WeHo made me feel like a new man…
This part of the world is “kind of like the wild wild west,” says Joseph Hawkins, director of the ONE Archives at USC Libraries, which boasts of being the largest repository of lesbian, gay, bisexual, transgender and queer materials in the world. “There’s this idea that people come to California to remake themselves.”
That’s a philosophy I keep top of mind as I homo hop about West Hollywood (a.k.a. WeHo). It’s known for its gay nightlife, complete with a courtesy bus Friday and Saturday nights, and Sunday during the day for “Sunday Funday.” The bus makes 15 stops along a 6.5-kilometre bar route (wehopickup.com). I can’t resist jumping off at one hotspot, the Chapel (692 N. Robertson Blvd.), for a “religious” experience of gyrating go-go guys and meeting locals – but what I really want to explore is West Hollywood’s other offerings, from art to food to health.
A great starting place is the ONE Gallery (626 N. Robertson Blvd.), a satellite space to the ONE Archives that curates LGBTQ content in the area. For nerdish gays like myself, it’s worth the US$25 Uber ride to explore the archive’s rare collection of science fiction fanzines of LGBTQ publishing pioneer Jim Kepner. But if you’re pressed for time and want to stay in the traditional gay area of WeHo, the gallery provides curated exhibitions that explore the artistic works of queer artists from various decades.
It’s a short walk from the ONE Gallery to MOCA at the Pacific Design Center (8687 Melrose Ave.). The gallery is free and during this visit, it features an exhibit of playfully fluid and genderless denim clothing by “69,” an anonymous Los Angeles–based designer.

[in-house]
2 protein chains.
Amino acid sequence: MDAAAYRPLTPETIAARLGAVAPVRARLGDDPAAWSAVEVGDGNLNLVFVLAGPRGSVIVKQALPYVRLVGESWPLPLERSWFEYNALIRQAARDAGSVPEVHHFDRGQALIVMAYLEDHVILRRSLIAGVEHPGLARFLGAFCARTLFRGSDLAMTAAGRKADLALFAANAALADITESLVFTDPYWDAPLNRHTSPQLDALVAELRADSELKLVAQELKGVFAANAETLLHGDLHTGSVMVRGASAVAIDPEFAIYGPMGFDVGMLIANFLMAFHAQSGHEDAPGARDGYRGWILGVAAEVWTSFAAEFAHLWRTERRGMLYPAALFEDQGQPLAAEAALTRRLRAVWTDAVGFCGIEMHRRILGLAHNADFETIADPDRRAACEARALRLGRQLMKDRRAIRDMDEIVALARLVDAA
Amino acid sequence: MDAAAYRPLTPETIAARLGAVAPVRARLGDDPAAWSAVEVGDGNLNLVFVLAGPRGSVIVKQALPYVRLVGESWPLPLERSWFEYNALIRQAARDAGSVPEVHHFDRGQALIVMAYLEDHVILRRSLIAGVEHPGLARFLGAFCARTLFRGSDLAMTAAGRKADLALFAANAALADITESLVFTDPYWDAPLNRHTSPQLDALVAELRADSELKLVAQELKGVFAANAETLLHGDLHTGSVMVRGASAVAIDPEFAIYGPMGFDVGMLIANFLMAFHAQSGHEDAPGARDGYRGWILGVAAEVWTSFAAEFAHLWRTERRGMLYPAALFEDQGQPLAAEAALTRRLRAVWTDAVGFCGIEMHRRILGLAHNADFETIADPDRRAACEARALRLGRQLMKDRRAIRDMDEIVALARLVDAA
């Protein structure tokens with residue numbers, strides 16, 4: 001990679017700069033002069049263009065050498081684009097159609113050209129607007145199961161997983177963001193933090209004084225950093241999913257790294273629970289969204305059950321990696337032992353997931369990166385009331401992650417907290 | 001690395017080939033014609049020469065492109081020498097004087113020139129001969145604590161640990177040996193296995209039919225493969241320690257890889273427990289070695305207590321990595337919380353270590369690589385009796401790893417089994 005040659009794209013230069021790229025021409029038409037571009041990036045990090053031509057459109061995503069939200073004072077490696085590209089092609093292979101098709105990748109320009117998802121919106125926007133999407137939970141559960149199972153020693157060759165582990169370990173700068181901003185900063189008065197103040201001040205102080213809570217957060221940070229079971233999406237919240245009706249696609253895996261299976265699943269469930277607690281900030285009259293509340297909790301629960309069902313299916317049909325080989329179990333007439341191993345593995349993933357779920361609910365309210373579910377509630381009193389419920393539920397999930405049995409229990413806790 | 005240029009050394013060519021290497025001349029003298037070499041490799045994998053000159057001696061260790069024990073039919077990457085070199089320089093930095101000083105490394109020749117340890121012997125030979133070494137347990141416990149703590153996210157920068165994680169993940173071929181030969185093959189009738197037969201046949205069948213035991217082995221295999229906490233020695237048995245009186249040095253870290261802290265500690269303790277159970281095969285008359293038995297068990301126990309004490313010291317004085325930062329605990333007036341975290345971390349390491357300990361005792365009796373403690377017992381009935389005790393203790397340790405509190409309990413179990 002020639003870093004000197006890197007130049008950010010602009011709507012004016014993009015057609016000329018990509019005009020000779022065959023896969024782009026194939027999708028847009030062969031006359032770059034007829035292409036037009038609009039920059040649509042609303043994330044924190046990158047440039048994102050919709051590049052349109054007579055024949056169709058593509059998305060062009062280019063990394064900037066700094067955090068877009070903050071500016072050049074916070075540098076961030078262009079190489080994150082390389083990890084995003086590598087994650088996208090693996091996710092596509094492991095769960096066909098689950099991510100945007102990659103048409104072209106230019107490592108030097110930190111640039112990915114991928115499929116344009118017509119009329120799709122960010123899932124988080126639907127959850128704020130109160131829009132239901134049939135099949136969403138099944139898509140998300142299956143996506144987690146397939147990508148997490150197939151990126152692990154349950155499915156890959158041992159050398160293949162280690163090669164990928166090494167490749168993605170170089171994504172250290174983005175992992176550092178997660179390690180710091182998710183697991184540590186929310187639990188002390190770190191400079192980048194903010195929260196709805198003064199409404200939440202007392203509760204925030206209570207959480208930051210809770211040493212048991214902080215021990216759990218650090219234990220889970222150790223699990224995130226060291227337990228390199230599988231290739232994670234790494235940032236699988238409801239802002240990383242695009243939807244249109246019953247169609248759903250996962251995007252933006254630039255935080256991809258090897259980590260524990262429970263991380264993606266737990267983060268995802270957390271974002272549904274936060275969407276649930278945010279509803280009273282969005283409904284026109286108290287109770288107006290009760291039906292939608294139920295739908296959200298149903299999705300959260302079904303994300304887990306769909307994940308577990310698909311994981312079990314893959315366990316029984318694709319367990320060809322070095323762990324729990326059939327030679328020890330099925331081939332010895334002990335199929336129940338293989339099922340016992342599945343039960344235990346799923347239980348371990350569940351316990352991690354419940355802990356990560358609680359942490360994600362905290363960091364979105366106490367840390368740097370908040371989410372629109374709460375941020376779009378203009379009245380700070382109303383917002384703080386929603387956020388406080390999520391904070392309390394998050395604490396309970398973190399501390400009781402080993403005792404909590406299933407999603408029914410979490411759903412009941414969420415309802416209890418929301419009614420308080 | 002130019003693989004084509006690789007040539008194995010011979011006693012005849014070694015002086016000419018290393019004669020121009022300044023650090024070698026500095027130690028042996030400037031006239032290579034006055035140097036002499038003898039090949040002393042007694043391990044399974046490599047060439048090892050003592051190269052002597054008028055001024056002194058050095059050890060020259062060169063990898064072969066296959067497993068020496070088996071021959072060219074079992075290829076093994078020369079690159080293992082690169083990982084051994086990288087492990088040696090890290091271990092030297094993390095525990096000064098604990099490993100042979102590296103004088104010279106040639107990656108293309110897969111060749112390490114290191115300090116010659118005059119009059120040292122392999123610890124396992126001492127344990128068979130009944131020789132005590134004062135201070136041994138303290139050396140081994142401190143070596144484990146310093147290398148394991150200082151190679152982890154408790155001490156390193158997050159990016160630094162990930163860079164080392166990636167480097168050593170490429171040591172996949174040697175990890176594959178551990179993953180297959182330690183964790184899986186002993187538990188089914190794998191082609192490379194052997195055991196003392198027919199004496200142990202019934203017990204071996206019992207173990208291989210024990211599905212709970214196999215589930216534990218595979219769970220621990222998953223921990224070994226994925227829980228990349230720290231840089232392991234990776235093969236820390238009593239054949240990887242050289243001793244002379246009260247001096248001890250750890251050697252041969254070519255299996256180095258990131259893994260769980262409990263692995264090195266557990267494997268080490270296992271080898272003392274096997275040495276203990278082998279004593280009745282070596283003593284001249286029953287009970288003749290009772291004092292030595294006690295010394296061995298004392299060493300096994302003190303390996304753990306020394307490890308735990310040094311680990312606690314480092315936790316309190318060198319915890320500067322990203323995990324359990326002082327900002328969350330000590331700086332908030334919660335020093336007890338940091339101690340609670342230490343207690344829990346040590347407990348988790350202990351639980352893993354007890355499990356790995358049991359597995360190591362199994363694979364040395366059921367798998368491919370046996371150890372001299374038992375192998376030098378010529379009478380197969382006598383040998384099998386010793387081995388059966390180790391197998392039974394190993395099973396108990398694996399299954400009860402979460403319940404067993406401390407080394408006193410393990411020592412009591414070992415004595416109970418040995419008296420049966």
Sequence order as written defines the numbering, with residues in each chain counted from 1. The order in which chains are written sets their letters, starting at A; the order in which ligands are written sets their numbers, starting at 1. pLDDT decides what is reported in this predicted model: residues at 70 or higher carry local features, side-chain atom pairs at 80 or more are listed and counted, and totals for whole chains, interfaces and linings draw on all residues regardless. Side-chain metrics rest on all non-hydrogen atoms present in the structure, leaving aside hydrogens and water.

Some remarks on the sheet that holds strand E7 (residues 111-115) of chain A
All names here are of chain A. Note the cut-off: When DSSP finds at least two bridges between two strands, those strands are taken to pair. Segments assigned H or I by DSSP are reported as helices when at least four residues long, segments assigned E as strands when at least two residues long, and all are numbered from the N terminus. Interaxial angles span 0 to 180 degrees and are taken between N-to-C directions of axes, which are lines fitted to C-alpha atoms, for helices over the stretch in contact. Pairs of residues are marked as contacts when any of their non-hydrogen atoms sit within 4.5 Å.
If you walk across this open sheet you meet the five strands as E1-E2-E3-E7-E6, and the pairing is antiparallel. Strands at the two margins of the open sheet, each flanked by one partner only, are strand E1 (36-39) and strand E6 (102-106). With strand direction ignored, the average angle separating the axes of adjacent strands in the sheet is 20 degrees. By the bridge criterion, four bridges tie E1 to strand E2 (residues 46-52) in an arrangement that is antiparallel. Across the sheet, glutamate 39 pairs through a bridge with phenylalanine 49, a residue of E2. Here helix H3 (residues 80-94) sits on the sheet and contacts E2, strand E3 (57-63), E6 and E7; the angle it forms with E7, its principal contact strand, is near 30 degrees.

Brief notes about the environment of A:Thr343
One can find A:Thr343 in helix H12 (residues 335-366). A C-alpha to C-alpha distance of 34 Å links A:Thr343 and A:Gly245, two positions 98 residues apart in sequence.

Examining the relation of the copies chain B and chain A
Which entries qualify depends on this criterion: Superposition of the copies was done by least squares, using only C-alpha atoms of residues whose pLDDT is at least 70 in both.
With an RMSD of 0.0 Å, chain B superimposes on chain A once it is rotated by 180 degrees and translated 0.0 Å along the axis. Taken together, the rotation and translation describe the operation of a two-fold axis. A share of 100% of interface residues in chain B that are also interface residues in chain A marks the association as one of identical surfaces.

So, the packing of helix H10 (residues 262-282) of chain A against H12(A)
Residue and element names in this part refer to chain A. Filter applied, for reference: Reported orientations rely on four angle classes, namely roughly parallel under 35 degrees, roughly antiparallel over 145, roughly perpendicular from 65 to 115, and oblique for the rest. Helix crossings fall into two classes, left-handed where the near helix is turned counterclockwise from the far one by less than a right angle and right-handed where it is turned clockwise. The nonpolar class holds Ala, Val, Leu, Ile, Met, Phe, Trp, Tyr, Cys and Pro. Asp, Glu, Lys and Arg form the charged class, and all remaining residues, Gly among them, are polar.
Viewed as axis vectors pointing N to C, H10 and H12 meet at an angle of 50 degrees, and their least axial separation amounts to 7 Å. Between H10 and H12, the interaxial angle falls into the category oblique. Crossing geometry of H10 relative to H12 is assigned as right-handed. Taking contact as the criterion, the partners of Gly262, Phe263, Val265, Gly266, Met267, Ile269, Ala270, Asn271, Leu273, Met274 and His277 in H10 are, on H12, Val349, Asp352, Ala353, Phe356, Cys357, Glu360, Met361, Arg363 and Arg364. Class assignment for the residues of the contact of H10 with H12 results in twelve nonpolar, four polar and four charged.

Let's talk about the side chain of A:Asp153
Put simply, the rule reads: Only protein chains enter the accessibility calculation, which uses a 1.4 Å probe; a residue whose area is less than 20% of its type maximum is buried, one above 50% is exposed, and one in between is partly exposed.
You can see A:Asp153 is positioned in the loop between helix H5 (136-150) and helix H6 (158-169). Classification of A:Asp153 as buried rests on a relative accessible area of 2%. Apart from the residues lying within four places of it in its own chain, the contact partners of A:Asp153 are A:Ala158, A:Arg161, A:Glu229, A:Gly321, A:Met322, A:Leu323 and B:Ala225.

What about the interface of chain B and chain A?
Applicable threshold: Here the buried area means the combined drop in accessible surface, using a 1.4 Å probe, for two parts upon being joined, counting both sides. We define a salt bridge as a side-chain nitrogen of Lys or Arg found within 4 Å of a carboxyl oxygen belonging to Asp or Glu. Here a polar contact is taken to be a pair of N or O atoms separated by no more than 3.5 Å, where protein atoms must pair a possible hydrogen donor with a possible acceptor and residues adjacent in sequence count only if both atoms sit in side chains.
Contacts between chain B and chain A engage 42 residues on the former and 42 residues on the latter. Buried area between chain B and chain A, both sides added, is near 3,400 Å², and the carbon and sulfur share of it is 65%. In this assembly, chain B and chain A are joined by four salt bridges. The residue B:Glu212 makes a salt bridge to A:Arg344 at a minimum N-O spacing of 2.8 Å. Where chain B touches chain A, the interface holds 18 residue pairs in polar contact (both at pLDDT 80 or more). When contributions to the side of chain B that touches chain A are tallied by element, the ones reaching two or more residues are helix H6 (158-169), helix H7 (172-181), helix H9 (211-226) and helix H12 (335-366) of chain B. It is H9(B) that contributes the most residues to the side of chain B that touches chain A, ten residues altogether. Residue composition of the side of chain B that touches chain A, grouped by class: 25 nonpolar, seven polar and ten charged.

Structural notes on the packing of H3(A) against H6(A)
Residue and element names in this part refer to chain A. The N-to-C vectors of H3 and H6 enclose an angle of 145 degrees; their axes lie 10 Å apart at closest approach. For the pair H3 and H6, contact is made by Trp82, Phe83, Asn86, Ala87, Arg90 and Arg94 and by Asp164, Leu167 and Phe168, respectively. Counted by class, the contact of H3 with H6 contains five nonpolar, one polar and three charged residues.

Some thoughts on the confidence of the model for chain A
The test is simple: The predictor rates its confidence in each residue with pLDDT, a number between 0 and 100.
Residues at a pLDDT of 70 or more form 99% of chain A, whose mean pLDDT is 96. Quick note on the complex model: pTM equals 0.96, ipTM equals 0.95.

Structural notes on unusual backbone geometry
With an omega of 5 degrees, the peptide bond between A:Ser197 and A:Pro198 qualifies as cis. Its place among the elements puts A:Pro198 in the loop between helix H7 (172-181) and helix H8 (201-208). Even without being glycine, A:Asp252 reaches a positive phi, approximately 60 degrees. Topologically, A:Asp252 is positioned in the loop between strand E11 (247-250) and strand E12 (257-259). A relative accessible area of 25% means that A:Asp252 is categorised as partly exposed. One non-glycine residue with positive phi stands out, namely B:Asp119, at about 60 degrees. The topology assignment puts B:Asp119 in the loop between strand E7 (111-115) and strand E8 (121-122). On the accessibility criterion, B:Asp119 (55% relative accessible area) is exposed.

MOCA is also a great jumping-off point for a self-guided exploration of West Hollywood’s murals, which I do using the route provided by visitwesthollywood.com’s Design District Outdoor Mural Tour. Unfortunately, new construction is obstructing some of the pieces outside the West Hollywood public library (625 N. San Vicente Blvd.), so I have to meander some side streets to see the elephant and dove by artist Shepard Fairy (well-known for his iconic Obama “Hope” poster). Be sure to go into the library itself: it was one of the sites for this year’s community-curated events for Lambda Literary’s annual literary festival, and the library regularly has gay-themed temporary exhibits. Arguably, the library itself is an art piece. The staircase feels enchanted from the light streaming onto the trunk of a stylized white sycamore tree; the upstairs ceiling is polished wood with undulating patterns; the children’s storytime theatre looks like a giant wooden crate. The library parking garage has murals on the interior of the ground and second floors that are not listed in the WeHo walk but are worth checking out.